charge, which was done, and we moved forward in line of battle of the top of little hill or rise in the field, when the order was given by our gallant commander (Colonel Ronald) to the brigade to charge, which was obeyed and the charge executed in most elegant style, driving the enemy entirely from the field into the woods, a distance of some 300 or 400 yards.
I then received an order to close my regiment at right angles with and on the left of the Thirty-third. Thus having passed the Thirty-third and Twenty-seventh some 200 yards, I succeeded in forming my right wing perpendicular with the former line of battle and advanced it about 100 yards, thus giving me a good position to fire upon the enemy, who were crossing a large wheat field upon the enemy, thus causing a large number of them to surrender. The regiment also captured three stand of the enemy's colors; the left wing still holding their former position at the edge of the woods, thus protecting the left of my right wing from a severe fire from the enemy in the woods.
The conduct of all officers and men was such as would attack the admiration and win the praise of the greatest of champion warriors, and particularly the conduct of Color Sergt. John M. Gabbert, who was in advance with a sword in one hand the colors in the other, waving both the sword and colors, calling upon the men to come on, when he received a wound in the shoulder and leg, which disabled him so much he was compelled to abandon the field.
At a late hour we were re-enforced by two other brigades. We then advanced, the left wing being rallied by Adjt. C. S. Army, whose conduct was highly commendable in rallying it to the colors and pressing forward with the Second and Fourth Regiments boldly in hot pursuit of the enemy till after dark, when, reaching the top of a hill a corn field, were ordered to halt and remained until morning. I joined in with Colonel Lee, of the Thirty-third, and advanced, overtaking the Second and Fourth, who had halted in a corn field on the brigade remained overnight and until about 9 o'clock on the morning of the 10th, the enemy not having made any demonstration up to that time. We were ordered back a distance of about 3 miles and encamped until the morning of the 12th, when we were ordered to take up the line of march to our old camp near Liberty Mills, at which place we arrived about 6 p.m.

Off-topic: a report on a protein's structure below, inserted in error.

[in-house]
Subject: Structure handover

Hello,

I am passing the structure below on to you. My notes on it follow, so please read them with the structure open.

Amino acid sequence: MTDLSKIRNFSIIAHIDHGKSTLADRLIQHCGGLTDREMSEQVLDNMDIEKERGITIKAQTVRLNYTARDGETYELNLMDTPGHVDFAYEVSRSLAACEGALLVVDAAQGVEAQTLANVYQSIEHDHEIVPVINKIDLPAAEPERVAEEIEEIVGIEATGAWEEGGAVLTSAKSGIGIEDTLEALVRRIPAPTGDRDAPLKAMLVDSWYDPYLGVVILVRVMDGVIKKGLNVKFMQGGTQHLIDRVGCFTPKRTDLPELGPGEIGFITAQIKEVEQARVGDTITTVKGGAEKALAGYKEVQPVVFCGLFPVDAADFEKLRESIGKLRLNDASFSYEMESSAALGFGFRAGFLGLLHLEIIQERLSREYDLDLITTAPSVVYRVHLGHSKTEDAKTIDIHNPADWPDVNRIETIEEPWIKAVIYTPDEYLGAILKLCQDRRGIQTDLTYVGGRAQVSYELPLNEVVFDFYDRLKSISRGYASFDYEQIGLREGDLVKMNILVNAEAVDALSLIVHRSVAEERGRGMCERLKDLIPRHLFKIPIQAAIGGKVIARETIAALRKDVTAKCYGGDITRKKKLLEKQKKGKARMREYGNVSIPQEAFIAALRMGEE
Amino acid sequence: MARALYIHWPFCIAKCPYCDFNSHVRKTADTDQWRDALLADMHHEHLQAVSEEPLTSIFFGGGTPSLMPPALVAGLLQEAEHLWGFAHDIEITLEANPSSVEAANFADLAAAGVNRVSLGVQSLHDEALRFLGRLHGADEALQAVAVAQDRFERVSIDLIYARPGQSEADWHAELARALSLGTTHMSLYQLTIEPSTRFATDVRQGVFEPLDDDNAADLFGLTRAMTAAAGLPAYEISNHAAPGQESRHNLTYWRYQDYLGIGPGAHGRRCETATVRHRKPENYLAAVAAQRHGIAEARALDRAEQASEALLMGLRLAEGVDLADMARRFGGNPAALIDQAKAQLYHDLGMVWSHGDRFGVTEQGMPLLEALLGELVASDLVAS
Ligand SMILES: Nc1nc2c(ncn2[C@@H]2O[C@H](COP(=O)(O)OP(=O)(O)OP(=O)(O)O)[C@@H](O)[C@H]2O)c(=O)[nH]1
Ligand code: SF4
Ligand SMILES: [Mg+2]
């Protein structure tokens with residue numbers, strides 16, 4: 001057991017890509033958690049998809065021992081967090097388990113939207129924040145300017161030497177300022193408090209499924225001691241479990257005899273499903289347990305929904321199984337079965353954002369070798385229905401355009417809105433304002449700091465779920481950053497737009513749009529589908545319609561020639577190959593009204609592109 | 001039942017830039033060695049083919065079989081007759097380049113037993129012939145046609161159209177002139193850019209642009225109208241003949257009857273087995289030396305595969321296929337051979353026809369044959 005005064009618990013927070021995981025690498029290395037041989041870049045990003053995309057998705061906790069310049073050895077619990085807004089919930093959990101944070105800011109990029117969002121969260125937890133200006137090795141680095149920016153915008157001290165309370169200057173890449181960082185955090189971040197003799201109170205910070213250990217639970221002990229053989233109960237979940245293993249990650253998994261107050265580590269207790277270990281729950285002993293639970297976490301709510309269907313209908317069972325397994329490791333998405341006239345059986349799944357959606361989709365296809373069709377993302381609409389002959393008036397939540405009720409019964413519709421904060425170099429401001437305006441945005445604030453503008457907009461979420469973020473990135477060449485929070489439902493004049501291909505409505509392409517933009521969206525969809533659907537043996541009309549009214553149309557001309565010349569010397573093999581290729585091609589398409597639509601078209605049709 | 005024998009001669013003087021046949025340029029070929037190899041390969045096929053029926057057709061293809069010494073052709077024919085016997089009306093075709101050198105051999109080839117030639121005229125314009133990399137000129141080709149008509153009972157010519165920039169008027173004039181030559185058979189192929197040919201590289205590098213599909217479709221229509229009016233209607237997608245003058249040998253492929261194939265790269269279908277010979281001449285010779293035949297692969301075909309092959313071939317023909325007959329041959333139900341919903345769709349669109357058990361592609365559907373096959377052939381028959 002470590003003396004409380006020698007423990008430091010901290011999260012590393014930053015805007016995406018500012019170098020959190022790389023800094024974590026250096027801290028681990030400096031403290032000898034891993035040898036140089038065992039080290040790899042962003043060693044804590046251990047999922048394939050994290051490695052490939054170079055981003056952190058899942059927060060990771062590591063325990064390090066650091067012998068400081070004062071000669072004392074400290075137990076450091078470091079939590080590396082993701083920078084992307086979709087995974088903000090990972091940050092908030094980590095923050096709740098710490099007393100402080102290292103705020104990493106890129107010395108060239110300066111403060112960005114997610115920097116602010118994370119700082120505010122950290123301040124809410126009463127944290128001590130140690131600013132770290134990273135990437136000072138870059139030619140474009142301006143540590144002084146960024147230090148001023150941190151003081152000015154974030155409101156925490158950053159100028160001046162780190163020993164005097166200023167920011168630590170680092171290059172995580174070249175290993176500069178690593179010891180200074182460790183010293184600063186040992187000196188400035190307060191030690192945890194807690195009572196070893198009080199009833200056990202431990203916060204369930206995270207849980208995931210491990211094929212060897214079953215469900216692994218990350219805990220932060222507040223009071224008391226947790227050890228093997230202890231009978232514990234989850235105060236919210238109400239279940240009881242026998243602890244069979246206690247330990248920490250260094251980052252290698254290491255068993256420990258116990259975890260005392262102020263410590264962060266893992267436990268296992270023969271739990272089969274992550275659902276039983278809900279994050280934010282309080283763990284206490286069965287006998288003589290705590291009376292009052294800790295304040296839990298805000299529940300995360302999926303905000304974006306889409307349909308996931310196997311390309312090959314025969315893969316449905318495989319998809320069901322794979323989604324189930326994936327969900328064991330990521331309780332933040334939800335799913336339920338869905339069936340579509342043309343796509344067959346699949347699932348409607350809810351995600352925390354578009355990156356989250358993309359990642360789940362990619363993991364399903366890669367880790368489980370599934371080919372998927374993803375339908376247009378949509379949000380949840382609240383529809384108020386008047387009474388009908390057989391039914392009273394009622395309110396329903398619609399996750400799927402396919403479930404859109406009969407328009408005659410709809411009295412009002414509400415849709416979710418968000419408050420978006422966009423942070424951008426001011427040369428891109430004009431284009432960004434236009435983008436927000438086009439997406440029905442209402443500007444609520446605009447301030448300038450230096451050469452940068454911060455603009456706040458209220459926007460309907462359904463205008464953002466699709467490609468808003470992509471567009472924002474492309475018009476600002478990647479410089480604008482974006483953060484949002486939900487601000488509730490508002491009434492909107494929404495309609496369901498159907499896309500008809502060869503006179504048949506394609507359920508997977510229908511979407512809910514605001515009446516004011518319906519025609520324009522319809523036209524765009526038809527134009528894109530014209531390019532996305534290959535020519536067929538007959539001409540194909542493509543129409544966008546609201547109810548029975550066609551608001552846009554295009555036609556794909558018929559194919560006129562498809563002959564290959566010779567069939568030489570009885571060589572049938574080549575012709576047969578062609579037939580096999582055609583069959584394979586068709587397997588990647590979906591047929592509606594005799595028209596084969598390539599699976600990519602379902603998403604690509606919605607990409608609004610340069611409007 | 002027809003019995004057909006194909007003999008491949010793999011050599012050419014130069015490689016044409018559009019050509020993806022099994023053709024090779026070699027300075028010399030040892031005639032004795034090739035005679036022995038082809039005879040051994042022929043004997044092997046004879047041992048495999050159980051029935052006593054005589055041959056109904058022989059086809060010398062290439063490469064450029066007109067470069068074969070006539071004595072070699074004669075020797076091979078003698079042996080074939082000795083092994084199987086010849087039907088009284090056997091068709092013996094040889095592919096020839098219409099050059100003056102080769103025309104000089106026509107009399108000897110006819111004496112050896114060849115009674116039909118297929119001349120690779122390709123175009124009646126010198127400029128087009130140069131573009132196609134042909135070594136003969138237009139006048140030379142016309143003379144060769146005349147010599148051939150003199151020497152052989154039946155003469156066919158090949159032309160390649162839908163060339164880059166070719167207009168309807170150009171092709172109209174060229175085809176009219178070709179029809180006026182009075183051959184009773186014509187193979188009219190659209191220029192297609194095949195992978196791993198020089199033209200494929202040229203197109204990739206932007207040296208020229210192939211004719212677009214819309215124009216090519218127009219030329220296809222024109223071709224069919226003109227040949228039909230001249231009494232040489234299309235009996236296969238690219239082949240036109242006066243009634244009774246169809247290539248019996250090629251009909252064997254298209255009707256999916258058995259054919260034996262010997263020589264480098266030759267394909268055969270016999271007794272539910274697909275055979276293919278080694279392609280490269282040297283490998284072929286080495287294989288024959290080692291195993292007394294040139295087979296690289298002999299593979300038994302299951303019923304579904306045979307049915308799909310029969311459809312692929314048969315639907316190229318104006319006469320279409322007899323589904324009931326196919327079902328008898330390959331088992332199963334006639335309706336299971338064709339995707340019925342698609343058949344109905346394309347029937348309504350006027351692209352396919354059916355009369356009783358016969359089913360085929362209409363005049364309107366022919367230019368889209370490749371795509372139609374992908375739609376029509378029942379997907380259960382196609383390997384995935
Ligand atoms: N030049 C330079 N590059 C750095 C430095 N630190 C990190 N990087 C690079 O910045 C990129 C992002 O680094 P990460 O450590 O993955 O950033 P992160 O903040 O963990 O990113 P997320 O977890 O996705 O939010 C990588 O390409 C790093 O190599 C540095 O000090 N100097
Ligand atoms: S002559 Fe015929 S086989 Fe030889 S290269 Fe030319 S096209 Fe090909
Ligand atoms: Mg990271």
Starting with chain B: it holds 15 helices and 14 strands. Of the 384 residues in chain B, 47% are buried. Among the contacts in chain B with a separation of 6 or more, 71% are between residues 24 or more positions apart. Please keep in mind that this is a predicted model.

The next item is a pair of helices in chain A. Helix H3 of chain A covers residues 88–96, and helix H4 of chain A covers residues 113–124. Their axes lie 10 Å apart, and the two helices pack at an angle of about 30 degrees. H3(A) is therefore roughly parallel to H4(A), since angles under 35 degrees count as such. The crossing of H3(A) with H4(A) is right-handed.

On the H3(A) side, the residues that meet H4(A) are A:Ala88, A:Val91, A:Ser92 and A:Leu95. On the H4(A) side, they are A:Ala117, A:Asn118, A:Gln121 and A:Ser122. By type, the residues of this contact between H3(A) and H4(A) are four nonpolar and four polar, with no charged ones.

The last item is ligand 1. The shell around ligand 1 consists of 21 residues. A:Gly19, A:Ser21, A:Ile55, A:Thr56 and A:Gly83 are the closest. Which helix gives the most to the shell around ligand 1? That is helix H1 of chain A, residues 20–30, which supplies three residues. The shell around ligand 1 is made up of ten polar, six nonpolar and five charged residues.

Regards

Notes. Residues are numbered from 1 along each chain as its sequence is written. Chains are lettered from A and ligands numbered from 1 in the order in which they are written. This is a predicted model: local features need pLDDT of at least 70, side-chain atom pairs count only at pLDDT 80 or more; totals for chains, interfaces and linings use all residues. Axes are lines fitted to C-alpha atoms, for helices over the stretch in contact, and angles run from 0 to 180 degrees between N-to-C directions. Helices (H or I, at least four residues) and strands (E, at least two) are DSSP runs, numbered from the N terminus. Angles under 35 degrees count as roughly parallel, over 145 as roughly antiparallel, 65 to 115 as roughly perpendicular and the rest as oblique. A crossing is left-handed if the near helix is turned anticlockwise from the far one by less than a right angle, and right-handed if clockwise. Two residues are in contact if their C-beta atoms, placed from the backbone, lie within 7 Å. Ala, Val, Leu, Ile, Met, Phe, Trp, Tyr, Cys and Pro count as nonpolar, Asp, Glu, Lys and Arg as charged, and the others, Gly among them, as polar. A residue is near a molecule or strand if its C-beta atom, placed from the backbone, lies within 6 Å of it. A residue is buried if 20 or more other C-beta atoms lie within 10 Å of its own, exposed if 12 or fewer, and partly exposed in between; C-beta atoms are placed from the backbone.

I forward with this a list of casualties.*
Very respectfully, your obedient servant,
H. J. WILLIAMS,
Major, Commanding Fifth Virginia Infantry.
Acting Assistant Adjutant-General.
No. 35. Report of Captain Charles L. Haynes, Twenty-seventh Virginia Infantry.
CAMP NEAR GORDONSVILLE, VA., August 13, 1862.
SIR: I respectfully submit the following as a report of the part my regiment took in the battle of the 9th instant near Ripley's Station, in Culpeper County, Virginia:
In placing the brigade in line of battle my regiment occupied the
*Embodied in No. 27.